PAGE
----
Single-Port Robotic Surgery Promotes Expert Tonsil Cancer Treatment

After having surgery, chemotherapy and radiation in 2019, Michael Rodriguez, 50, remains cancer-free 

In 2019, Michael Rodriguez of Weehawken, New Jersey, began to experience sore throats that would come and go every few weeks. When the pain started to worsen, Michael went to an ear, nose, and throat (ENT) specialist for a checkup. 

When a throat swab to check for a bacterial infection found nothing, Michael’s ENT ordered imaging tests and referred him to Chan Park, M.D., an ENT at Hackensack University Medical Center specializing in robotic head and neck surgery. Within a week, Michael scheduled an appointment with Dr. Park and learned the cause of his sore throat episodes: tonsil cancer. 

Dr. Park said Michael’s tonsil cancer was caused by a strain of human papillomavirus (HPV) that is also associated with cervical cancer in women. Michael’s tonsil cancer likely developed slowly over many years. However, due to the lack of a screening test to check for precancerous cell changes in the throat, tonsil cancer often goes undetected until it begins to cause symptoms or spreads to other areas of the body. 

“When I heard the diagnosis, it was overwhelming — it was like I was in the room, but not in the room,” said Michael. 

Fortunately, Michael had a strong family support system, including his husband, Christopher, and Christopher’s mother, who is a nurse. 

“Christopher was with me every step of the way, and having a nurse in the family helped us to understand what questions we should ask and how the treatment process would work,” said Michael. 

Signing Up for Robotic Surgery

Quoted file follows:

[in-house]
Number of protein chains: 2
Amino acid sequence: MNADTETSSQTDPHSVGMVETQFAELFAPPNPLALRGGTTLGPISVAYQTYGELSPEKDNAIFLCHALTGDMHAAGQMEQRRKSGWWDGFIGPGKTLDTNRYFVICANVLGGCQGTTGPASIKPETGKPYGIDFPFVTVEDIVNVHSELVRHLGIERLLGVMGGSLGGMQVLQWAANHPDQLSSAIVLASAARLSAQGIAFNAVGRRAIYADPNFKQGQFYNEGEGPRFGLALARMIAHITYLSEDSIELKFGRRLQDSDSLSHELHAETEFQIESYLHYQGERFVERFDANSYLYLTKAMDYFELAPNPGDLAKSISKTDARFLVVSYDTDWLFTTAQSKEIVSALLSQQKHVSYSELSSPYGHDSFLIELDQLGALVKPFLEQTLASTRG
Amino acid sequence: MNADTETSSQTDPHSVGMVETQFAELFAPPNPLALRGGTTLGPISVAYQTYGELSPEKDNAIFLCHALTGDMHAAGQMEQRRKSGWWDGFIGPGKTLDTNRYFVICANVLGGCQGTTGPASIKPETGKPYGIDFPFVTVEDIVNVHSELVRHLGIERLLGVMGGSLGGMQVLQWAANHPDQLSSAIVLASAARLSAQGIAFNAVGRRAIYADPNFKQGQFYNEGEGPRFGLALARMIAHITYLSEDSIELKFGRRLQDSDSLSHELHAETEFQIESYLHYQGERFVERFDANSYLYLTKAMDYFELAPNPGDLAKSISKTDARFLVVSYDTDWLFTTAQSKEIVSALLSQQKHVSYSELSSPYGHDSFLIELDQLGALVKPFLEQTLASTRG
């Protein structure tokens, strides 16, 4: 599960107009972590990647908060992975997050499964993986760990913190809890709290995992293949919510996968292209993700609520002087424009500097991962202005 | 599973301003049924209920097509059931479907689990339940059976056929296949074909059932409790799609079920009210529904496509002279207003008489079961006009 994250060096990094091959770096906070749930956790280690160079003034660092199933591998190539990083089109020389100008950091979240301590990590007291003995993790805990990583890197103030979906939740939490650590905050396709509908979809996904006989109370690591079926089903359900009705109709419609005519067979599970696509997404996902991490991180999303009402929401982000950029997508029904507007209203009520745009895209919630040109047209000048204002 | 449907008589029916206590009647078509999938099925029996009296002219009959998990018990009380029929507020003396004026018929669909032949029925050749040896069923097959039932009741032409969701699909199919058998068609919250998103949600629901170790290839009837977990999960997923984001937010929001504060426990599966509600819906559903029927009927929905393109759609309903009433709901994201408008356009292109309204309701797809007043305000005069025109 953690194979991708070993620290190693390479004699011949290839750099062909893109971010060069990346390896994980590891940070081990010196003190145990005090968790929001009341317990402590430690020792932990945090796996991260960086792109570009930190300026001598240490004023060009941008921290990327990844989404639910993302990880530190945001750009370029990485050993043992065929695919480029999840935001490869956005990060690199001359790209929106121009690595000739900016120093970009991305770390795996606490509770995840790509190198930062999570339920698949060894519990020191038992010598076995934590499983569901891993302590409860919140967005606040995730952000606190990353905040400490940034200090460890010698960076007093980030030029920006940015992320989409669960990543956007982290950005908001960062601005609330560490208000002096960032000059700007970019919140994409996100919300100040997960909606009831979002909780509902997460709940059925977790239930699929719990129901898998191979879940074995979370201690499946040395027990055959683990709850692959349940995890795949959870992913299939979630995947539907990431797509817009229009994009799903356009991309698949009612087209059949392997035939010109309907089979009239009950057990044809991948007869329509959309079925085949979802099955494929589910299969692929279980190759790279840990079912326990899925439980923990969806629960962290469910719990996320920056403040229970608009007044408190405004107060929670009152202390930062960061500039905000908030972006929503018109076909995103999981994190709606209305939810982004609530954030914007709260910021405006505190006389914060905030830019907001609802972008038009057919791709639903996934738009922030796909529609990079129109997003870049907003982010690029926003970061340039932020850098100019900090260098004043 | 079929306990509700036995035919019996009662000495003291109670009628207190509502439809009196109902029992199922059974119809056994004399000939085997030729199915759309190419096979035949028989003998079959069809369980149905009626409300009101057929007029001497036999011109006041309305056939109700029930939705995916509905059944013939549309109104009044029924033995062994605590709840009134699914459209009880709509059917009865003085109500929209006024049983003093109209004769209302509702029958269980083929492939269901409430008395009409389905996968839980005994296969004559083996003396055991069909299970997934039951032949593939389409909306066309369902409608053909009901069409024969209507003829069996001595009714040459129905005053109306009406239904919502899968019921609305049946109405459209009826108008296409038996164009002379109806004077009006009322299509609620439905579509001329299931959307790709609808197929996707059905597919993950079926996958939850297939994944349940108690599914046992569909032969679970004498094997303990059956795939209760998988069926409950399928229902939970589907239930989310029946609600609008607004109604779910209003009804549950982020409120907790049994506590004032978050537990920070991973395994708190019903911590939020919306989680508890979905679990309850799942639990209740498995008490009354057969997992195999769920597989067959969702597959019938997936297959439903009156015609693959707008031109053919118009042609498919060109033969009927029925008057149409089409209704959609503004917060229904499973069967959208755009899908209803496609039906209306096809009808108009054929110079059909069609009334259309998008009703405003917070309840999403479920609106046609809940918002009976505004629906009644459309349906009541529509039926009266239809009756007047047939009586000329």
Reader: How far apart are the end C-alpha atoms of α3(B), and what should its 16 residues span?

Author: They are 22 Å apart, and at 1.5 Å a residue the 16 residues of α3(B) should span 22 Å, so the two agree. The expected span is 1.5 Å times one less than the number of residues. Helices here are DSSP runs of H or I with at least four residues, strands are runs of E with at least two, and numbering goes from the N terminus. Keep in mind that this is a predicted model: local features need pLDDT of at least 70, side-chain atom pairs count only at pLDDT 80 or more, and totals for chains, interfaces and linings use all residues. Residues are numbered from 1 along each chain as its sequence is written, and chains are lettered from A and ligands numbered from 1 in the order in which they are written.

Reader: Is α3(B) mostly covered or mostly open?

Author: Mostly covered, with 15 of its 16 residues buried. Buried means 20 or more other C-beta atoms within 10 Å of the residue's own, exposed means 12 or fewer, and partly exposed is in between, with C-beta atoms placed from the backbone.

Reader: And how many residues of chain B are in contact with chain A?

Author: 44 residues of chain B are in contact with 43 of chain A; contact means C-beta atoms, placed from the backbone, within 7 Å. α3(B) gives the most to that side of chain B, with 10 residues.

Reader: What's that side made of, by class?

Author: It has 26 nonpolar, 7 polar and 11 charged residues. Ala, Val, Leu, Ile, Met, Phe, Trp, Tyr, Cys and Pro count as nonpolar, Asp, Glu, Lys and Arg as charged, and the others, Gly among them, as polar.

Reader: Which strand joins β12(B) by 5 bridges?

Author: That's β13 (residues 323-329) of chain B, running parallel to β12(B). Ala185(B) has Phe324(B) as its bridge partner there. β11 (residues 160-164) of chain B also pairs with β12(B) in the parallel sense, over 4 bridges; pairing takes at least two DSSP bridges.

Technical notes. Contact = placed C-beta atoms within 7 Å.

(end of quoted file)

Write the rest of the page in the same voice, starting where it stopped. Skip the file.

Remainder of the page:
After performing a biopsy to confirm Michael’s diagnosis, Dr. Park recommended surgery to remove the tumor in his tonsils. 

“Dr. Park said he would perform robot-assisted surgery, which would allow him to remove the cancer with greater precision and a smaller incision,” said Michael. “He also told me there would be less pain, a faster recovery, fewer complications and less bleeding with robotic surgery, so I signed up immediately.” 

In August 2019, Dr. Park performed Michael’s transoral robotic surgery (TORS) procedure using the da Vinci SP single port surgical system. The da Vinci SP has a single cannula that contains multiple small surgical instruments that can easily reach the back of the throat. The single port robotic surgical system also includes a small camera that transmits an image of the surgical area to the surgical console where Dr. Park sits to operate the robot, giving him a 3D, magnified view. 

“Thanks to minimally invasive robotic surgery, we can now see and remove tumors of the tongue and throat that were previously difficult or impossible to reach,” said Dr. Park. “The enhanced visibility allowed me to see the margins of Michael’s tumor very clearly so I could get rid of the cancer with minimal damage to the surrounding tissues.” 

That enhanced visibility also revealed cancerous tissue in a portion of Michael’s tongue and in the back of his throat, which Dr. Park also removed. Dr. Park also removed Michael’s cancerous lymph nodes during a procedure called a neck dissection. 

“For the first few days after surgery, swallowing was painful,” said Michael. “I could eat better after about the first week, but it took about two weeks for my voice to come back.” 

A few weeks after surgery, Michael started simultaneous chemotherapy and radiation treatments. He had his final treatment session in November 2019. 

“It took a while to come back from that,” said Michael. “However, it slowly got easier to go up steps and hold conversations, and eventually, I was sleeping less and feeling less nauseous.” 

Cancer-Free After One Year 

But despite the challenges he faced, Michael said his family support system and the staff at Hackensack University Medical Center helped him get through it. 

“The radiation and medical oncology staff helped everyone laugh and stay positive, and I can see how that helps people to navigate their treatment and move beyond it,” said Michael. 

Although Michael, now 50, still has some lingering side effects from his radiation and chemotherapy treatment, he has been cancer-free for more than a year. He continues to have follow-up visits with his physicians and is incredibly grateful for the care they provided. 

“All my doctors were fantastic — always giving me tough love and telling me to fight, fight, fight,” said Michael.